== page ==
Local News

Paul Schafer, former WOWO engineer, passes away

(Source: http://goo.gl/gf4u4P Thanks to RadioWorld.com)

FORT WAYNE, Ind. (WOWO):  In 1943, a 18-year-old man from Hammond, Indiana would join WOWO Radio and later revolutionize the industry.

Paul Schafer developed equipment that would allow radio stations to manage their transmitter sites from remote locations as well as invent the first radio automation system.  We’re now learning that he has passed away at the age of 90.

“I started at WOWO, I’m going to say, in 1943.  After a while I went into the Army and went back and worked again after World War II, and went back to WOWO in 1946 until mid 1948,” said Paul.  “The chance to go to Indiana’s most powerful radio station at the time, WOWO at 10,000 watts, felt pretty good.”

“It was a very, very pleasant experience working with Jay (Gould) and Bob (Seivers).”  He also worked as the engineer of the national coast-to-coast broadcast of The Hoosier Hop, which originated at WOWO and was fed to ABC Radio through a phone line.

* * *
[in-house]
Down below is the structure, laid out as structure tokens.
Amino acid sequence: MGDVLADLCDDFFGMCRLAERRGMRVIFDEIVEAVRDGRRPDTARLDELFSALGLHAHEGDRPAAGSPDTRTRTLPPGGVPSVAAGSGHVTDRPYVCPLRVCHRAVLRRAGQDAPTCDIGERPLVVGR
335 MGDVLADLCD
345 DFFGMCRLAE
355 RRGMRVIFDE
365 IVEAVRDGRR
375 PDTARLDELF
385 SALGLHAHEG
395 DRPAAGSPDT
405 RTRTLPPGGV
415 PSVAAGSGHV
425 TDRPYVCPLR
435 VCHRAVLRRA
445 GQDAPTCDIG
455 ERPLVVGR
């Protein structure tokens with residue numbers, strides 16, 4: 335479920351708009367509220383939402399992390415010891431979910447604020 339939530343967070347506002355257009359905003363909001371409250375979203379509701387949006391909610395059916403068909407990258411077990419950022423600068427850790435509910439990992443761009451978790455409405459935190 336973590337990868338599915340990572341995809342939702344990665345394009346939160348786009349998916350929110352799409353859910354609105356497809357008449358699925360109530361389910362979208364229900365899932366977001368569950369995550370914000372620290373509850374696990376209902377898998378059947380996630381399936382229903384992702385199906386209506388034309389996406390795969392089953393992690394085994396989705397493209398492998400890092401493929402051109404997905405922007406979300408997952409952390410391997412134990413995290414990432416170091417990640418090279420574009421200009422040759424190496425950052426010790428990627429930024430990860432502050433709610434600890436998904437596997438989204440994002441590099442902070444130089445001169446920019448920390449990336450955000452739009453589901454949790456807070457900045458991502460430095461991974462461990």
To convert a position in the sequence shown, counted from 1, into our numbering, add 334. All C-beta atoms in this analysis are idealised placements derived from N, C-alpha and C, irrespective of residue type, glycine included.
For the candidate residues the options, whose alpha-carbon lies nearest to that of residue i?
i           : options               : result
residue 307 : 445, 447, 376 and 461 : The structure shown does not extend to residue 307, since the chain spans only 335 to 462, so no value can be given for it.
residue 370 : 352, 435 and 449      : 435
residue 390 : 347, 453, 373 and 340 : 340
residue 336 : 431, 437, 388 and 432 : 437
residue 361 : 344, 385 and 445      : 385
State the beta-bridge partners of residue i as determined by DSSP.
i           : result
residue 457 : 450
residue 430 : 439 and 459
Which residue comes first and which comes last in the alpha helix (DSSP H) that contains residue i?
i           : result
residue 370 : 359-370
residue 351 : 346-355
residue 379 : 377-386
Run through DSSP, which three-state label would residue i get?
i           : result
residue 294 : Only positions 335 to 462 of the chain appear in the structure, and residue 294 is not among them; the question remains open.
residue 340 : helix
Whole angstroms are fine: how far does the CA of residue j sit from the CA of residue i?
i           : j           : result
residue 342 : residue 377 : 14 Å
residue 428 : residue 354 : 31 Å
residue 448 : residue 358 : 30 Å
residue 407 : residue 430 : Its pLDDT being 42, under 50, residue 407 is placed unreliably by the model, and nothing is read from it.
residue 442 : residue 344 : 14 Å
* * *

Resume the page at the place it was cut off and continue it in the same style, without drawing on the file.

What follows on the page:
Paul also launched W49FW, which was Fort Wayne’s first FM radio station.  At the time, the station primarily playing classical music from a transcription service.

Afterwords he would work for WANE radio in Fort Wayne and eventually moved to California to work for NBC in Hollywood.

Paul would be one of the first engineers to develop equipment for remote control transmitters.  Through Schafer Electronics, he developed the first radio automation system that would allow stations to remain on the air through the overnight without having a person present.  “We did a million dollars one year, and two million the next.  It would have been ’67 and ’68 the peak years,” said Schafer.

“I was not popular among radio announcers who thought they might lose their job.”

In 2002, Paul would be honored by the National Association of Broadcasters with an Engineering Achievement Award.

We’re learning that Paul passed away on February 23rd in Bonita, California.  He was 90 years old.

Audio and interviews in tribute courtesy of Randy Meyer and the historyofwowo.com 

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